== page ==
So is the above distinction sufficient? Is it enough to say that “specialized programs teach people what to do” and that “liberal arts programs teach people to explain”?
Well, not entirely. As I mentioned earlier, the liberal arts believes that their core skill – “critical thinking” – can be applied to multiple disciplines. And it’s here – with the emphasis on applying a single, unified analytical approach to multiple disciplines – that the strength of a liberal arts program is seen.
Specialized programs, such as business, exist in “silos.” That is to say, there’s the domain knowledge of “how to do business” that’s been accumulated by business leaders, codified in books by academics, been analyzed at great length by academics (business, economics, etc) and so on. The purpose of the business program is to impart this knowledge: to teach the student what has worked, what hasn’t worked, and how to determine what to do when presented with each situation.
The liberal arts student does not have the luxury of a codified base of knowledge. Instead, each discipline in the liberal arts education has its own accumulated store of knowledge. Within each discipline, as within business, there are multiple – frequently clashing – theories about what the truth is. But beyond that, each discipline invariable contradicts core, foundational aspects of the other disciplines. You can use published research in one discipline to completely discredit (logically) vast portions of another discipline. Yet the other discipline remains largely true, despite seeming contradictions on a massive level.
The liberal arts student is forced to recognize the inherent uncertainty in large portions of knowledge he previously thought unquestionable. Moreover, they are forced to apply their critical thinking skills across disciplines, synthesizing substantial amounts of information which can initially seem both unrelated and even contradictory. The challenge is to identify how the information relates; to determine how similar two different theories are (e.g. the close similarities between Buddhism and Feminism); to identify weak points in an overarching theory.
Above all, the liberal arts student learns that outside of mathematics, there is no right answer, no right way. There are no reliable rules of thumb, no guaranteed assumptions. The emphasis must be placed on explaining, and understanding, because even will all our experience, all our knowledge, all our science, we still do not know the truth. Relying on answers provided by a single theory, in a single discipline, will always break down: the goal is to explain when they will break down, and why.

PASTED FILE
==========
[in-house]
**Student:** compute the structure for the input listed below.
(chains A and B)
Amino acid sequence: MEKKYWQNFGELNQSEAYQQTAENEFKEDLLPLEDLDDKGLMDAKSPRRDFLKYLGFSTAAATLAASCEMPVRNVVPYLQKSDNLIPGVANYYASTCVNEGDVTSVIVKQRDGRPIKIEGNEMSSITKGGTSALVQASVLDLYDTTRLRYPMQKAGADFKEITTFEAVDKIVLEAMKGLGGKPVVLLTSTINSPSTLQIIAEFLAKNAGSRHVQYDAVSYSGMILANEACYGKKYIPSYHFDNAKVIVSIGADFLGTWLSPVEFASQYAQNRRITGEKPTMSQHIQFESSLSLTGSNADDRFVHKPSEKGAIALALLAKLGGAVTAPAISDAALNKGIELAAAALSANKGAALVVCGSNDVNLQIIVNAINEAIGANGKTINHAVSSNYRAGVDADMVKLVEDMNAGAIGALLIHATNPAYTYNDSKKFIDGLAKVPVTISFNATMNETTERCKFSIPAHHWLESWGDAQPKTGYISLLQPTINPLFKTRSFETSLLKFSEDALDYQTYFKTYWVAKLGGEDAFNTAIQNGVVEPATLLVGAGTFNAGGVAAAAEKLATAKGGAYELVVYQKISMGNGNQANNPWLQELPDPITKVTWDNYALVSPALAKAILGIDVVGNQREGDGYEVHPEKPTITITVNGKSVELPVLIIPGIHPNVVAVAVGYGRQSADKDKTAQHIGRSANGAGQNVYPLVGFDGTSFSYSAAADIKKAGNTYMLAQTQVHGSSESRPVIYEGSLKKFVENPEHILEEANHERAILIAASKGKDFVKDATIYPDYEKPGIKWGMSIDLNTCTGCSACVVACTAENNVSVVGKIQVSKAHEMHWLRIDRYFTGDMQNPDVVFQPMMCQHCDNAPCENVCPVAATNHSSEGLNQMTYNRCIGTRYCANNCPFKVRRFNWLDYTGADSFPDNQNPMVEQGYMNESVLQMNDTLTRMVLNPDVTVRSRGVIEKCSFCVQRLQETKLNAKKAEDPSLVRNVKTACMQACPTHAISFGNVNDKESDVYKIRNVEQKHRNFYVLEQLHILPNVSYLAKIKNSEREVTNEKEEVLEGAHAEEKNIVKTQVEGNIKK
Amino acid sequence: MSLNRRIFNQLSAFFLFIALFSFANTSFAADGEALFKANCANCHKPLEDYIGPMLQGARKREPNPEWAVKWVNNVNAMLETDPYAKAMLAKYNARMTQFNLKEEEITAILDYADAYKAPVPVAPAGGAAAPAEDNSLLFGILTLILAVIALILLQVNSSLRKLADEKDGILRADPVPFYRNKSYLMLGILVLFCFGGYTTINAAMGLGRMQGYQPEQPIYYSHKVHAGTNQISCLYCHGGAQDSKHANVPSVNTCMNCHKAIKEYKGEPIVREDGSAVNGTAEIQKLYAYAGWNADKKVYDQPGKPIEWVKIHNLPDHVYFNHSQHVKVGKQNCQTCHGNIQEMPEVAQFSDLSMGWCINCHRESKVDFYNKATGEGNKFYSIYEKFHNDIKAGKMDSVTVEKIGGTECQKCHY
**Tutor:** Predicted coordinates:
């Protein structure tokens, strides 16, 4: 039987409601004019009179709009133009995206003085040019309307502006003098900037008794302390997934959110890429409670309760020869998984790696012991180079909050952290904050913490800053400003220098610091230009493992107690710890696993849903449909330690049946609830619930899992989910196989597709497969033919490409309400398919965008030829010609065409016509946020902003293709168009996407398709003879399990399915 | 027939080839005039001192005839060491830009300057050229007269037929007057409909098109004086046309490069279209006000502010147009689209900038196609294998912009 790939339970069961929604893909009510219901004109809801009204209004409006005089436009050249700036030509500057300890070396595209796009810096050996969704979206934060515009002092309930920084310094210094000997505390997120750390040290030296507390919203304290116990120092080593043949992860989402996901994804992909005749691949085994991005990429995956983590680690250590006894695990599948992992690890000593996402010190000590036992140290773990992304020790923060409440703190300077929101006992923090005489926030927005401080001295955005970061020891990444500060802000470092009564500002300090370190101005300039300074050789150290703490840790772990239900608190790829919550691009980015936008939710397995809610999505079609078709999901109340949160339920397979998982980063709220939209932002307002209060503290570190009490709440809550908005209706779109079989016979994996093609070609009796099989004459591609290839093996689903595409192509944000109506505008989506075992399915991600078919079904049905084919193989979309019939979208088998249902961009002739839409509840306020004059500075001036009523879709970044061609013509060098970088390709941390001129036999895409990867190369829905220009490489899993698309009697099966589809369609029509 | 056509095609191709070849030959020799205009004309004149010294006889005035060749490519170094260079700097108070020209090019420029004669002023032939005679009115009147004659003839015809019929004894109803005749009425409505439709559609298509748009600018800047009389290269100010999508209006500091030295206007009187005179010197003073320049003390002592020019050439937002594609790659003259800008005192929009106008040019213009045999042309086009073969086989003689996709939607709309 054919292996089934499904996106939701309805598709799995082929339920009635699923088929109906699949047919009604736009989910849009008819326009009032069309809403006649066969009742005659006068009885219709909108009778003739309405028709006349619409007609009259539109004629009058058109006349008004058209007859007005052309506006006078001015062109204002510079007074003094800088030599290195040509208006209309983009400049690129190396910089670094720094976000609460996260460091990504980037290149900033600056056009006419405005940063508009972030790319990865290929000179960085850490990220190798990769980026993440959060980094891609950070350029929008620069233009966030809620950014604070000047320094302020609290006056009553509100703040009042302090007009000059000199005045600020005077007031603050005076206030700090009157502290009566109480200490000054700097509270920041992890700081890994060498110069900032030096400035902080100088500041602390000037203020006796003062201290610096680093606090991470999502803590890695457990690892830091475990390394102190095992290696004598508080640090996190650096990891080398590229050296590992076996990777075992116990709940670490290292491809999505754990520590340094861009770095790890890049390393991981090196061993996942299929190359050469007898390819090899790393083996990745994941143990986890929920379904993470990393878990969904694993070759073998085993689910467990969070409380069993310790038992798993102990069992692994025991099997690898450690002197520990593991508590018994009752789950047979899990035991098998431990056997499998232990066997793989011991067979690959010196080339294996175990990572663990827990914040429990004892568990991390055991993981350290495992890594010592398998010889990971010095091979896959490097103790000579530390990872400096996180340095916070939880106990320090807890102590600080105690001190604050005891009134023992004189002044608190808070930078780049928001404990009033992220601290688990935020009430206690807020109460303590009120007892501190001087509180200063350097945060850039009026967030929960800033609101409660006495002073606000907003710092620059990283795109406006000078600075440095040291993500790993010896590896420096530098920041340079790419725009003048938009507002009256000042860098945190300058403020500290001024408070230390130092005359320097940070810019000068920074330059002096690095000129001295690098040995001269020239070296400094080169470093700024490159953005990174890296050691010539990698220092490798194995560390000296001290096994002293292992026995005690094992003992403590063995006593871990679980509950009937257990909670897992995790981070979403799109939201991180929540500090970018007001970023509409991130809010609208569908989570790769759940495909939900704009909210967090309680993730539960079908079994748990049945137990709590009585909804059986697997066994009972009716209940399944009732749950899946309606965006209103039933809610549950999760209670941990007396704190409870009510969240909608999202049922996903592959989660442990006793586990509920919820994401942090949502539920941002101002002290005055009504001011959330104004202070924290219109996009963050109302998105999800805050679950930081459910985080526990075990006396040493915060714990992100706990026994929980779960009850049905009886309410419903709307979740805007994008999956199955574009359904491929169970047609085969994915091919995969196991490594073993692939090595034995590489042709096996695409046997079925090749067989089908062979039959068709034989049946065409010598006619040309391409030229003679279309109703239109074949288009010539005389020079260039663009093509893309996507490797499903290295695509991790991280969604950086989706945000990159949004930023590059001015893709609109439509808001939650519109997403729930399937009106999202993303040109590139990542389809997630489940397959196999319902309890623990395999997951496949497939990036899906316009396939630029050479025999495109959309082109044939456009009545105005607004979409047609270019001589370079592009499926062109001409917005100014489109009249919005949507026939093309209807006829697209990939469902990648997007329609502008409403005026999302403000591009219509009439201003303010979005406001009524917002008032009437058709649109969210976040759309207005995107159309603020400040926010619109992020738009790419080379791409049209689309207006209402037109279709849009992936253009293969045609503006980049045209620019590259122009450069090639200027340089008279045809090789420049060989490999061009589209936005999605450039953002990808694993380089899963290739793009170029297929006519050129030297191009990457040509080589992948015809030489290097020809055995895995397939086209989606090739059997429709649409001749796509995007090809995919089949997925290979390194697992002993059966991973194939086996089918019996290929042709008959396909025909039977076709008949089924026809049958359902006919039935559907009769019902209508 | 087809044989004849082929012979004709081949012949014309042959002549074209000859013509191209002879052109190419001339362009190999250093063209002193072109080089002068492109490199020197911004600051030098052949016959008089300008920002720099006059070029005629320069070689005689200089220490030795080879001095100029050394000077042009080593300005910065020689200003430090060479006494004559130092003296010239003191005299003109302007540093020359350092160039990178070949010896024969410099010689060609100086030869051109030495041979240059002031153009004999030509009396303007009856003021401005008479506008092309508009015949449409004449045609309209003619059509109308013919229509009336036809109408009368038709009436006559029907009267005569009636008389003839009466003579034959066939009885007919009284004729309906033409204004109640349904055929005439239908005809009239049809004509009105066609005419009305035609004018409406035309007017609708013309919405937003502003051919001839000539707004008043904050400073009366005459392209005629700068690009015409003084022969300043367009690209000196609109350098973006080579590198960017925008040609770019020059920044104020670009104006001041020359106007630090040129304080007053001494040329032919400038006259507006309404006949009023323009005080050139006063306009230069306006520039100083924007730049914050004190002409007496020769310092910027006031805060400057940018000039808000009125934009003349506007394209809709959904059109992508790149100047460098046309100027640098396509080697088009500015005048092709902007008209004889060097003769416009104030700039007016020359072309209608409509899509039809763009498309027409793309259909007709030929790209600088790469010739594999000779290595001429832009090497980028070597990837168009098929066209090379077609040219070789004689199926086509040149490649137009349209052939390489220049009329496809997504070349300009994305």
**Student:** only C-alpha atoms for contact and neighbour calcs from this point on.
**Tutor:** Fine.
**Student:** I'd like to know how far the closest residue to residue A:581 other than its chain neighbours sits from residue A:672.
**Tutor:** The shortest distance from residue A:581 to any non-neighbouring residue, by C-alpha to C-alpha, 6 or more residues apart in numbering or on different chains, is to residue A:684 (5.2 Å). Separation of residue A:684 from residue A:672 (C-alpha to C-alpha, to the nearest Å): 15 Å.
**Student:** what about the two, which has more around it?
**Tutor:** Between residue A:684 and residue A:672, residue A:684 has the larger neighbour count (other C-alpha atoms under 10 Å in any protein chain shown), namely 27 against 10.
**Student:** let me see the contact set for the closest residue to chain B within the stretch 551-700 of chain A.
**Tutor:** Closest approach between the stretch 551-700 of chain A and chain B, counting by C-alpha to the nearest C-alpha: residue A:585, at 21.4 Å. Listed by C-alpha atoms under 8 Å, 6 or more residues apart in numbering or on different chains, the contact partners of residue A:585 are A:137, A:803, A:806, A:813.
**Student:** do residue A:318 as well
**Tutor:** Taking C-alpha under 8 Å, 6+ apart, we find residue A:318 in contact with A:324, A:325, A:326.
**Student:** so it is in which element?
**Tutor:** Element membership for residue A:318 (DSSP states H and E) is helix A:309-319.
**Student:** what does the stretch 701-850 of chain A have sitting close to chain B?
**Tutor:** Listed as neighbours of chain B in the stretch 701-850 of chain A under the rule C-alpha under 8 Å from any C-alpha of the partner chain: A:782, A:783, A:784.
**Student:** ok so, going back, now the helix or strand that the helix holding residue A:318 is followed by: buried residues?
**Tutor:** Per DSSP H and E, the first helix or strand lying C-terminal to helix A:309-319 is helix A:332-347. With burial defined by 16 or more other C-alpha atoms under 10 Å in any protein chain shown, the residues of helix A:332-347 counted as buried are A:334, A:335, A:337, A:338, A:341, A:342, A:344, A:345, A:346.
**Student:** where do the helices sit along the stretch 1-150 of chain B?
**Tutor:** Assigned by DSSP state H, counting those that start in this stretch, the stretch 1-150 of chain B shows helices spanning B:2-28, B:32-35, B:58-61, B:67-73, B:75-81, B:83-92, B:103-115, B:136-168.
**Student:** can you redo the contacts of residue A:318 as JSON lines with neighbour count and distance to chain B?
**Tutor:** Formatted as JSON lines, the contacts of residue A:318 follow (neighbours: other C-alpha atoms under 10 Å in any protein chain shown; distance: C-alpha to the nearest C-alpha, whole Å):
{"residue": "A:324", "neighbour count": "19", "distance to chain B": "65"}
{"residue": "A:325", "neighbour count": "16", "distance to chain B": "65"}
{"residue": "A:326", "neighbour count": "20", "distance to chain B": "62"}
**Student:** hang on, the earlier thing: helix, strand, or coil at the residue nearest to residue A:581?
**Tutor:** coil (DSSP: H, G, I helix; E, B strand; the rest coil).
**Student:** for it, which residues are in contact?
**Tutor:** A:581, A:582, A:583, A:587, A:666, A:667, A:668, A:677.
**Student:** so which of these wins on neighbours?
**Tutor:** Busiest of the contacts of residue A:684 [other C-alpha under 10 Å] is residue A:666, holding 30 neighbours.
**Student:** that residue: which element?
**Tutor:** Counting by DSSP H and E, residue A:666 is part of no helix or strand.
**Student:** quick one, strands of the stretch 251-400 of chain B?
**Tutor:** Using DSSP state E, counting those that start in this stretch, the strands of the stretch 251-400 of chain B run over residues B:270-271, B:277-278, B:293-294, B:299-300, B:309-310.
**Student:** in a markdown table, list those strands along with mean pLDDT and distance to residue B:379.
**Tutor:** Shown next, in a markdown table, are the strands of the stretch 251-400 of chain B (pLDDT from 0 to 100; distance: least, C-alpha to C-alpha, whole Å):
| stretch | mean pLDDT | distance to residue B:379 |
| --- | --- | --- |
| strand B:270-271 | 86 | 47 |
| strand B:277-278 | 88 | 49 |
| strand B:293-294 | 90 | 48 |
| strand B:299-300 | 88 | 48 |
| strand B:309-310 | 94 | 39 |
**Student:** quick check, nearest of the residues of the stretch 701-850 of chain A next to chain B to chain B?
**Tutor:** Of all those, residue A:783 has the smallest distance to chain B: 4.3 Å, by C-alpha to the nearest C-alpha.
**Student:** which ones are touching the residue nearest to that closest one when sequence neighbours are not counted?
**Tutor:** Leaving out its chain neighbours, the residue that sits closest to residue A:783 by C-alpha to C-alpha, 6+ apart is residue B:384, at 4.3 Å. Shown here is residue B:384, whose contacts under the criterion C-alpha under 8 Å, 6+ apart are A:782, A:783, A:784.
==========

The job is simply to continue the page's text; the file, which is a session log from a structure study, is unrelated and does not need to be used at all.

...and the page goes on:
Of course, the upshot of this discussion is that neither one is better than the other. Taking the liberal arts approach too fanatically will lead to “analysis paralysis,” where any action is better than no action. Conversely, exclusively focusing on the applied approach will regularly lead to failure as the system the applied people work within breaks down – witness this last financial crisis.
On the other hand, I’m biased towards the “liberal arts program” I’ve described. In part, that’s because I believe that the lowering costs of storing and retrieving information make the critical thinking skills increasingly valuable. Identifying the situation and choosing the best course of action are challenging – but between advanced statistics to aid in the identification, and (vertical) search engines to provide the latter, the amount of time it takes to check is anyone else has been presented with the same problem and come to a solution is almost not worth considering. Furthermore, the lowering transaction costs of doing business means that the world is changing faster and faster – if this keeps up, then we may see the education acquired at business school obsolete by the time students graduate.
We can already see that the amount of information students need to absorb has grown to such an extent that undergraduate business majors are specializing; for instance, in “finance” or “strategy,” or “entrepreneurship.” As the knowledge we have accumulates at an ever-increasing rate, eventually specialization may not be enough – that is, you won’t be able to get a good grasp of the subject in as little as four years. The choice are (i) expand the amount of time you spend studying, (ii) diminish the goals of the specialized program, or (iii) changing the focus onto “knowing where to look” to find the answer. In many ways, we are already shifting towards (iii): it’s become almost a truism in business that “knowing where to find the answer is more important than having the answer.”
It is not a significant jump from “learning how to find the information” to “learning how to critically analyze the information, and synthetize information from multiple conflicting sources to construct a perfectly appropriate theory.”
My bias is also why I constructed my own major [PDF], focusing on the aspects of the liberal arts program I’ve outlined here. Naturally, time will tell whether my bias is justified – or not.